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Raymond Banke / Senior Staff Illustrator

Now that the Democratic Party controls the executive and legislative branches of government and has taken responsibility for handling the unprecedented dual economic and public health crises of the COVID-19 pandemic, there is no excuse for half measures. Leftists should take advantage of this precarious political moment and implement many social-democratic policies that would reduce the hardships Americans currently face. A federal jobs guarantee—where the government provides a job to every unemployed person seeking one—should be of the highest priority.

The vision of a full-employment economy has long been a part of the socialist left’s demands, particularly post-World War II. It was such an apparent need that the Democratic Party adopted it as a part of its platform for many years. Franklin D. Roosevelt included the right to a job in his Second Bill of Rights. While not fully guaranteeing a job as a right, Roosevelt’s New Deal programs like the Civilian Conservation Corps and the Tennessee Valley Authority were among the first attempts at state-led employment assurance. Sadly, due to a combination of powerful business opposition and the political failures of liberalism, such experiments never expanded to a fully-fledged jobs guarantee (like the James Murray Full Employment Bill of 1945). Instead, they gave way to meager anti-poverty programs. Attempts to revive such a policy have cropped up in the decades since, as seen with A. Philip Randolph’s Freedom Budget during the civil rights movement and, most recently, with Rep. Alexandria Ocasio-Cortez and Sen. Edward Markey’s proposal for a Green New Deal. A Hill-HarrisX poll from July 2020 showed that 79 percent of voters support a federal jobs program for the unemployed. As unemployment numbers continue to rise, it is likely that support will continue to increase.

It is now time to fulfill this nearly century-old demand. A robust federal jobs guarantee should take the form of an old fashioned public works program combined with a “public option” for employment, expanding and shrinking in accordance with the private job market. Much of the infrastructure necessary to support a public works program already exists as unemployment offices. They would instead become employment offices that would offer job listings, education, and job training. Although the jobs guarantee will be funded at a federal level, unemployment offices by their very nature would provide the program mechanisms of local government, which can then work with local unions and organizations in creating locally-directed employment projects.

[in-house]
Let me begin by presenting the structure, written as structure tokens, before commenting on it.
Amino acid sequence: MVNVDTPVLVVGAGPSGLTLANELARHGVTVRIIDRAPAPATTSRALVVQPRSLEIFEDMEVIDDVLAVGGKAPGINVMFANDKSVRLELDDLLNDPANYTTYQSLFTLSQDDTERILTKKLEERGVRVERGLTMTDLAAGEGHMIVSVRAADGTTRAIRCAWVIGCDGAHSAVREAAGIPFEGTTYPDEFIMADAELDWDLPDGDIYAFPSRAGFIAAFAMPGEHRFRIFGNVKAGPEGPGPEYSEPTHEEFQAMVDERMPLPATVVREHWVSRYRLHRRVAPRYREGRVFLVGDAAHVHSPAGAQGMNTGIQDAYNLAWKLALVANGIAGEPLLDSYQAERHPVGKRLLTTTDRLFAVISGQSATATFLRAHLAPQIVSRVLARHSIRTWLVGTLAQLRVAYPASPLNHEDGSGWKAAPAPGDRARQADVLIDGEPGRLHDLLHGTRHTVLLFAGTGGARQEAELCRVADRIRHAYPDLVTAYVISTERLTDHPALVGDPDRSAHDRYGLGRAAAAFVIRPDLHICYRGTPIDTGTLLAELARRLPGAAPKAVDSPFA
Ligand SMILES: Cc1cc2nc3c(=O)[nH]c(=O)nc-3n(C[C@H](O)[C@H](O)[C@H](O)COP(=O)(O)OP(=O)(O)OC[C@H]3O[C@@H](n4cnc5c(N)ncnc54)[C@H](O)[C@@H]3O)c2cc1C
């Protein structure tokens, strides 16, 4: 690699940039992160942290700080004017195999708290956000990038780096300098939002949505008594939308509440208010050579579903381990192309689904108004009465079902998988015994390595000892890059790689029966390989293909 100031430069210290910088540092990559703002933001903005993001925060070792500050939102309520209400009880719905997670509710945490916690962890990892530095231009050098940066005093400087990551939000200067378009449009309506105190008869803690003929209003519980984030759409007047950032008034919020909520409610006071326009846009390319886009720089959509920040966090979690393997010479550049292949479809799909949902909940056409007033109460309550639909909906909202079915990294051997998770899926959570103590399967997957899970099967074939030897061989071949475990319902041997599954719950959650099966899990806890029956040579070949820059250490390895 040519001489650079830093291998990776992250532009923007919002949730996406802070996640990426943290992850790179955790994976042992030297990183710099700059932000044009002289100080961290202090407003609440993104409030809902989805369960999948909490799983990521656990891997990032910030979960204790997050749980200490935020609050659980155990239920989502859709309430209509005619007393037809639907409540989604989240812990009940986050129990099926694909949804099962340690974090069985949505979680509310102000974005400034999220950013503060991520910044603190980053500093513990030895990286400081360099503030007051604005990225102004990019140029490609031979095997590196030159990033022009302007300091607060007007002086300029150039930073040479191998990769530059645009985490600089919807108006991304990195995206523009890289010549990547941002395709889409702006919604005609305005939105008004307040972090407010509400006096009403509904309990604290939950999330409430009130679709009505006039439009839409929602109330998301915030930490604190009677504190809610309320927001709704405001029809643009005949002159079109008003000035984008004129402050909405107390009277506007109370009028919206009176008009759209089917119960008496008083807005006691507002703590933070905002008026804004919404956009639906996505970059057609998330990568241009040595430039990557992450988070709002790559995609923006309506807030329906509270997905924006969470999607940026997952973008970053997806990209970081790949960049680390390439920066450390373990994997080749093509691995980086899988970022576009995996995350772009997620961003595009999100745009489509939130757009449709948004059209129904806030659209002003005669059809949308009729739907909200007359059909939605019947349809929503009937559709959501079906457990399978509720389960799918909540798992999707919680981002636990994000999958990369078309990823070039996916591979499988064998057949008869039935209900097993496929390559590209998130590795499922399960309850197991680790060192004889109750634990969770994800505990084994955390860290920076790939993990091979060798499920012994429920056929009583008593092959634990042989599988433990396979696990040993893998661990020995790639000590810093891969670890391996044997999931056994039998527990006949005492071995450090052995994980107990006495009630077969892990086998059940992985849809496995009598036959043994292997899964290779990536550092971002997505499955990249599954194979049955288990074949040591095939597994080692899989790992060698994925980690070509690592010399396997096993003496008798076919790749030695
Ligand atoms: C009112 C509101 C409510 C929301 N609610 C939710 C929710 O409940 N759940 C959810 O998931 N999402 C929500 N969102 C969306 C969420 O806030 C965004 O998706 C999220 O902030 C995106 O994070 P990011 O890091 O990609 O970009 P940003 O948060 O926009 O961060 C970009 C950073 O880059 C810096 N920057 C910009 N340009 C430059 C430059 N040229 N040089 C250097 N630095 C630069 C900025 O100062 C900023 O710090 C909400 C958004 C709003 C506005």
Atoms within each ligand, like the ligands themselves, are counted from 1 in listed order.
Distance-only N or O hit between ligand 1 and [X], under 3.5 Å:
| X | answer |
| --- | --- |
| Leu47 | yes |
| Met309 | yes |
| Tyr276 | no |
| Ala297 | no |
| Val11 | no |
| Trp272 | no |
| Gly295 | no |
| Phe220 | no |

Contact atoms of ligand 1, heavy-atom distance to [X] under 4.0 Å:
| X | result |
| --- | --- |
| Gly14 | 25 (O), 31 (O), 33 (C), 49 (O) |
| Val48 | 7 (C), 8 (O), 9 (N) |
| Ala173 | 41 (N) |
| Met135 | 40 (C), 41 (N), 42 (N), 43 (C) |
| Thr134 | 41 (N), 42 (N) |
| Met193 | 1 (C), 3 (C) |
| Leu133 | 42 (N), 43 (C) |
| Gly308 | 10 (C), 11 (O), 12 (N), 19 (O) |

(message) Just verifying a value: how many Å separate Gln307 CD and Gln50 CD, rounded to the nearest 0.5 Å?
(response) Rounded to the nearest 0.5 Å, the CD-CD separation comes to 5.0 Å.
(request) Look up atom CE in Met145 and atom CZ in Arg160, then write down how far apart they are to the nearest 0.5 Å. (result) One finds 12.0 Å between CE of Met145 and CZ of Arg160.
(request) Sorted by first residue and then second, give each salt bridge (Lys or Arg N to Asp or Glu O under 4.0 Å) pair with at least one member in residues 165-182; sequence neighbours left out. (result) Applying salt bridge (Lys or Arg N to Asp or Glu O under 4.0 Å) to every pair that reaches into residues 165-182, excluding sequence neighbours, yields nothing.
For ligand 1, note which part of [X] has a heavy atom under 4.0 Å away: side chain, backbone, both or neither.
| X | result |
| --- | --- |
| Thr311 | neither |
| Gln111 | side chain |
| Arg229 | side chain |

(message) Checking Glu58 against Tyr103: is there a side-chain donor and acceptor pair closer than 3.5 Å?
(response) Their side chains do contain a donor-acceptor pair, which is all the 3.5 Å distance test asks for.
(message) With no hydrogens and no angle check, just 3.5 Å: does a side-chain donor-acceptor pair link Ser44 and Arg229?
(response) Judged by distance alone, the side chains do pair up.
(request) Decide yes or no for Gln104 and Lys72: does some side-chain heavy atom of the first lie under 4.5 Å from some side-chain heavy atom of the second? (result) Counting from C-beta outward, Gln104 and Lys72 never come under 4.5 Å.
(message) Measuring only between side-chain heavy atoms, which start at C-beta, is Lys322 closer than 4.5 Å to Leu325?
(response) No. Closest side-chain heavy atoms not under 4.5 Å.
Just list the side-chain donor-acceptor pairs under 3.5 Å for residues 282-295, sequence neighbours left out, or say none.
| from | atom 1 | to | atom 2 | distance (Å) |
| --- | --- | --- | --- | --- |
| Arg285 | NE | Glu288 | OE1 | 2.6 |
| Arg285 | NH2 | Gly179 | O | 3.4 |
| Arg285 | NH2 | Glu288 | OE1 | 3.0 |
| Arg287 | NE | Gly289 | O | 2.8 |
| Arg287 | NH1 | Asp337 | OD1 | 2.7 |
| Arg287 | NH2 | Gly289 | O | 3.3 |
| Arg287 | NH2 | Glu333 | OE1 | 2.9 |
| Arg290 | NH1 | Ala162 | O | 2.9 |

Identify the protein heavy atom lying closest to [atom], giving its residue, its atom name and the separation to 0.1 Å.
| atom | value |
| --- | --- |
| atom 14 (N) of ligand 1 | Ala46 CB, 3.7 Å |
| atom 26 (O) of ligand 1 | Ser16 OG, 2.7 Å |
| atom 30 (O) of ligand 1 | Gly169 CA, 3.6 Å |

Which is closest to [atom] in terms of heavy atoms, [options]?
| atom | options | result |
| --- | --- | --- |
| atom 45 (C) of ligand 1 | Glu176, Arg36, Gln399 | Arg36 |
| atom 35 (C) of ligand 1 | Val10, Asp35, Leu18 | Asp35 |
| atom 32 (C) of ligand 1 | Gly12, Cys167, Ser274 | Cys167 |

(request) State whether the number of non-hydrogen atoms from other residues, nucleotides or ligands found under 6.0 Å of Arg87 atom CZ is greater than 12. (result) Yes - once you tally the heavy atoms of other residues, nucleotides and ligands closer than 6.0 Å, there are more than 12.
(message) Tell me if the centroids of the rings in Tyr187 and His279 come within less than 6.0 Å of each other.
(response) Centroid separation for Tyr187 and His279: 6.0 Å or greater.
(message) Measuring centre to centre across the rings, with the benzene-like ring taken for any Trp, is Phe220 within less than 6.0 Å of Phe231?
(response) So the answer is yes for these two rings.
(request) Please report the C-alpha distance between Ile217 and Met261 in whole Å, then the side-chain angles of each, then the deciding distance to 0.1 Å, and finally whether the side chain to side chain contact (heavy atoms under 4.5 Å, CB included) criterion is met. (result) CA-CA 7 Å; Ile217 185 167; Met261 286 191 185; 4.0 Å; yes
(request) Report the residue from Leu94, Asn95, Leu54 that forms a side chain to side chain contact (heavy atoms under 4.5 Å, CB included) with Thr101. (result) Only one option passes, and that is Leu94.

Contrary to the neoliberal narrative that automation is better, there is a pressing need for human labor. We currently need workers for a nationwide contact tracing and testing program, the production of personal protective equipment, and the state-led distribution of basic needs such as food. Beyond the pandemic, a federal jobs guarantee will continue to exist as it shifts its focus to providing jobs that will care for the elderly, educate our children, and provide universal childcare for stressed working class families. Perhaps most urgently, it will be central to the fight against climate change. The jobs guarantee will provide the necessary labor for weatherizing our infrastructure, building better public transportation, and updating our energy systems to be clean and efficient. No longer will we have to incentivize the private sector into social responsibility through tax breaks. Instead, the necessary labor demanded by society’s current problems can be created through the massive investment and central planning of a democratically elected government.

This proposal addresses three issues inherent to neoliberal capitalism: the precarity of unemployment, the private sector’s focus on profit over social well-being, and the destruction of working-class solidarity.

Unemployment forces desperate workers to accept poverty wages, horrible working conditions, and relentless harassment. By providing a guaranteed job with a $15 minimum wage and robust benefits such as paid leave, the government will simultaneously reduce financial strain and set a standard for all employers, which gives workers a basis to unionize from.

To this day, the workplace stands unmatched at providing the resources, and the shared daily experience necessary for a class solidarity strong enough to unify despite demographic and identity-based divisions. In addition to generating greater confidence and class consciousness among workers, this program would illuminate the artificiality of unemployment, economic precarity, and the tyrannical employment system. No reform is better designed for kindling this collective awareness than the federal jobs guarantee. A mobilized labor movement with secure foundations and a genuine collective power can secure better living conditions in the future.

Alan Wu is a sophomore at Columbia College studying film and political science.

To respond to this op-ed, or to submit your own, contact opinion@columbiaspectator.com.

Columbia policy proposal Columbia Policy Federal jobs guarantee unemployment
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